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Johnston Canyon to close for repair work

Popular Johnston Canyon trail in Banff National Park will be closed for major upgrades and repair work for several weeks this fall. The $1.2 million project begins Sept. 15 and is expected to run until the end of October, weather permitting.

Popular Johnston Canyon trail in Banff National Park will be closed for major upgrades and repair work for several weeks this fall.

The $1.2 million project begins Sept. 15 and is expected to run until the end of October, weather permitting. The work follows a 12-year-old boy being sent to hospital with serious, life-threatening injuries earlier this summer when a tree fell on him.

In an email sent to businesses and other interested parties, which was then forwarded to the Outlook by a stakeholder, officials with Parks Canada said the closure includes the trail from the Johnston Canyon day use area parking lot to the upper falls.

“An assessment of the Johnston Canyon trail determined the requirement for extensive rehabilitation to improve safety and long-term access for visitors,” said Parks Canada’s Michelle Macullo in the memo.

“Due to the large scale of the project and safety concerns related to the work required, the trail will be closed to the public.”

On July 9, a tree fell on a 12-year-old boy as he hiked the popular trail with his family.

A tree dislodged and fell onto a section of railing along the trail. The young boy was taken to Banff’s Mineral Springs Hospital, and then flown to Calgary hospital by STARS air ambulance in serious condition. There has been no update on him.

The trail, located about 20 kilometres west of Banff on Bow Valley Parkway, was closed for about a week for Parks Canada to conduct a hazardous tree assessment. About 20 trees deemed a hazard were removed at the time.

Tim Nokes, whose family owns Johnston Canyon Resort, said the timing of the work is not great, noting the season for the business is only five months long and the closure will affect the business.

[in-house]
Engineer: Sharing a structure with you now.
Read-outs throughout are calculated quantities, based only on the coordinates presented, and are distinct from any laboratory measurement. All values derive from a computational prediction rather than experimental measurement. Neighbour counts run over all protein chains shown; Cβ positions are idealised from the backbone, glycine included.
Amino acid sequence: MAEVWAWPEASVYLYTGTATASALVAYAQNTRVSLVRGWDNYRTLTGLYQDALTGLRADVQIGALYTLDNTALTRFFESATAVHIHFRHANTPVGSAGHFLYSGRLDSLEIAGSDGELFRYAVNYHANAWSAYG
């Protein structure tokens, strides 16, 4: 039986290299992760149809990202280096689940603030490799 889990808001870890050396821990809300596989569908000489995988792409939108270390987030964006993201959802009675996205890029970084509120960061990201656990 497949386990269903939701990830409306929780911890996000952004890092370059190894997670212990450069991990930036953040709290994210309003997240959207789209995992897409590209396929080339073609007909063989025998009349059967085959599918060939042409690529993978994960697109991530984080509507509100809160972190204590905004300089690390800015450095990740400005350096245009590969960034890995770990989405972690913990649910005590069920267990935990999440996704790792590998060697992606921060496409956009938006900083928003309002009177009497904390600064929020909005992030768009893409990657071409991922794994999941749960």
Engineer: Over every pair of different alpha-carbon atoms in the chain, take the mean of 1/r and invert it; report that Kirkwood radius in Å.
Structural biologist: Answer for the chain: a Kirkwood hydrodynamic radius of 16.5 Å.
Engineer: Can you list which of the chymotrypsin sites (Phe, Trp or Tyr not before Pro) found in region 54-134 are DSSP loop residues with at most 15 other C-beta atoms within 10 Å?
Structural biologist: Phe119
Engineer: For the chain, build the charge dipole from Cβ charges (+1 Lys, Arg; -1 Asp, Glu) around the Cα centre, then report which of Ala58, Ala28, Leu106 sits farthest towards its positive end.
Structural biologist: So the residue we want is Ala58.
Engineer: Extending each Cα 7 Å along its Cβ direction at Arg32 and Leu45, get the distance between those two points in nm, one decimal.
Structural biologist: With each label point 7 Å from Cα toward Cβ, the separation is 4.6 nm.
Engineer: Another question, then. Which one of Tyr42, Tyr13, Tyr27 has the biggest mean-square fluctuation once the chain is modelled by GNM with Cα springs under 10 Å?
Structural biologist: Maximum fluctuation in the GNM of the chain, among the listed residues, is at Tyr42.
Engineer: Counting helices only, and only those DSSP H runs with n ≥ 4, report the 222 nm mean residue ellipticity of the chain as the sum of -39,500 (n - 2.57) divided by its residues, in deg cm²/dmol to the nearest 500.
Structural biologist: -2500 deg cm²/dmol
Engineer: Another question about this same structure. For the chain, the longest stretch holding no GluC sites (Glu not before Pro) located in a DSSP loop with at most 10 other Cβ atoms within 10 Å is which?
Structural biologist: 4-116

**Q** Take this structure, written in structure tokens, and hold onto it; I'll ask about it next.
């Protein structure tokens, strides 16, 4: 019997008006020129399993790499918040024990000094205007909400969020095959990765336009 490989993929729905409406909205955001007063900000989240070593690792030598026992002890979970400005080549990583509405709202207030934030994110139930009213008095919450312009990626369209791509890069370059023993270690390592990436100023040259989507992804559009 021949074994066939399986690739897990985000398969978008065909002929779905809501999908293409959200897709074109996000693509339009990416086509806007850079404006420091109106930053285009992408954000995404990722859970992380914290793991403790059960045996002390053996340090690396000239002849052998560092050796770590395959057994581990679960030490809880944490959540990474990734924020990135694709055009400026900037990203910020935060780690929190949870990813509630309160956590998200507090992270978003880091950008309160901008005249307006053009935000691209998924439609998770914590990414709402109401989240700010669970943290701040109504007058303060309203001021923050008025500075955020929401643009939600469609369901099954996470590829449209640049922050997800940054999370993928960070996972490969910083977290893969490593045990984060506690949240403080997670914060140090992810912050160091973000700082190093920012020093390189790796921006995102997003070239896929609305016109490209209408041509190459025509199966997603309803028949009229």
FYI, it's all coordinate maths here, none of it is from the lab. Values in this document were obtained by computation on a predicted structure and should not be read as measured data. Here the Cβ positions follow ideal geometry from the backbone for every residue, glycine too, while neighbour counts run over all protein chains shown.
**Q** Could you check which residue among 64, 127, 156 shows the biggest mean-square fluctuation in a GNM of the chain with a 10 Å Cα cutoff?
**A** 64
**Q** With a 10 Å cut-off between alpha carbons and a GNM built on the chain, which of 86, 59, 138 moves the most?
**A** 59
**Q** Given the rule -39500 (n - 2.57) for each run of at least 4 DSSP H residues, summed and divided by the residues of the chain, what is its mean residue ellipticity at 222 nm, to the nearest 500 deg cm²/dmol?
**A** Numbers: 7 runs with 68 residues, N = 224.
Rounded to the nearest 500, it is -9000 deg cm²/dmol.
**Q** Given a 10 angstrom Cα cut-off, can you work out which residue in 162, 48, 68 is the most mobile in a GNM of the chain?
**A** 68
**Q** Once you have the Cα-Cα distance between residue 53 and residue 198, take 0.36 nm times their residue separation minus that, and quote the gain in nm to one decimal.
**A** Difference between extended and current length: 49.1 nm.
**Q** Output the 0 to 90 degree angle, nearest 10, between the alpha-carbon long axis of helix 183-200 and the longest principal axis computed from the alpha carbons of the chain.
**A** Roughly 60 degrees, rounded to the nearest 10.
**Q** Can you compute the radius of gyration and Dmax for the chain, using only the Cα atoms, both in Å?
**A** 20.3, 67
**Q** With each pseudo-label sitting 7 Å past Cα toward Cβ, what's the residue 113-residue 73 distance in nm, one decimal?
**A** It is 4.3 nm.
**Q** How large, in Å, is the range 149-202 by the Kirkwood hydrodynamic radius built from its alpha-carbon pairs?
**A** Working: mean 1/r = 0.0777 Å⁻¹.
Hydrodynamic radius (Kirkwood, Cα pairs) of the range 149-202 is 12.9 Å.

He said the work needs to happen, but it would be better to start at the beginning of October instead. Parks Canada was initially going to close the trail after the labour Day weekend on Sept. 8, but pushed it back a week.

Nokes said the resort wants to work closer with Parks Canada.

“We appreciated they pushed it back a week, but it’s still a very busy time for us and it will affect us,” he said.

“We have lot of contracts with staff which go to the first part of October, and we have to honour those contracts.”

Nokes said this will be the fifth situation this year that has affected Johnston Canyon, including the mandatory seasonal restriction in spring and a trail closure after the young boy was struck by a tree.

“Then we have the marathon and GranFondo, which closes down the road and effectively our business for the weekend days because you can’t get on the parkway,” he said.

“This would be the fifth situation, and of course, public safety is the number one concern. However, if that could have been done at the beginning of October it would be far less impactful on our business.”

Nokes said he suggested to Parks Canada that work begin at the top end of the canyon first, while still allowing access to the lower section.

“Johnston Canyon trail is so popular, but they weren’t approachable on that,” he said.

Parks Canada did not provide a spokesperson to provide details and information on the upcoming upgrades and repair work, but the memo sent out indicated the work will include the removal of trees and deadfall.

In addition, the work includes rock-scaling, trim-blasting, rock-bolting, asphalt removal and disposal, cold patching, retaining wall construction, rock wall construction and installation of new metal railings.

The cost of the project is estimated to be $1.2 million. An additional $1.9 million will be spent on rehabilitation of the Johnston Canyon day use area parking lot.

During the work, access to the Ink Pots will be accessible via the Meadows Trail. Additional nearby hiking options include Silverton Falls, Rockbound Lake, Marble Canyon and the Paint Pots.




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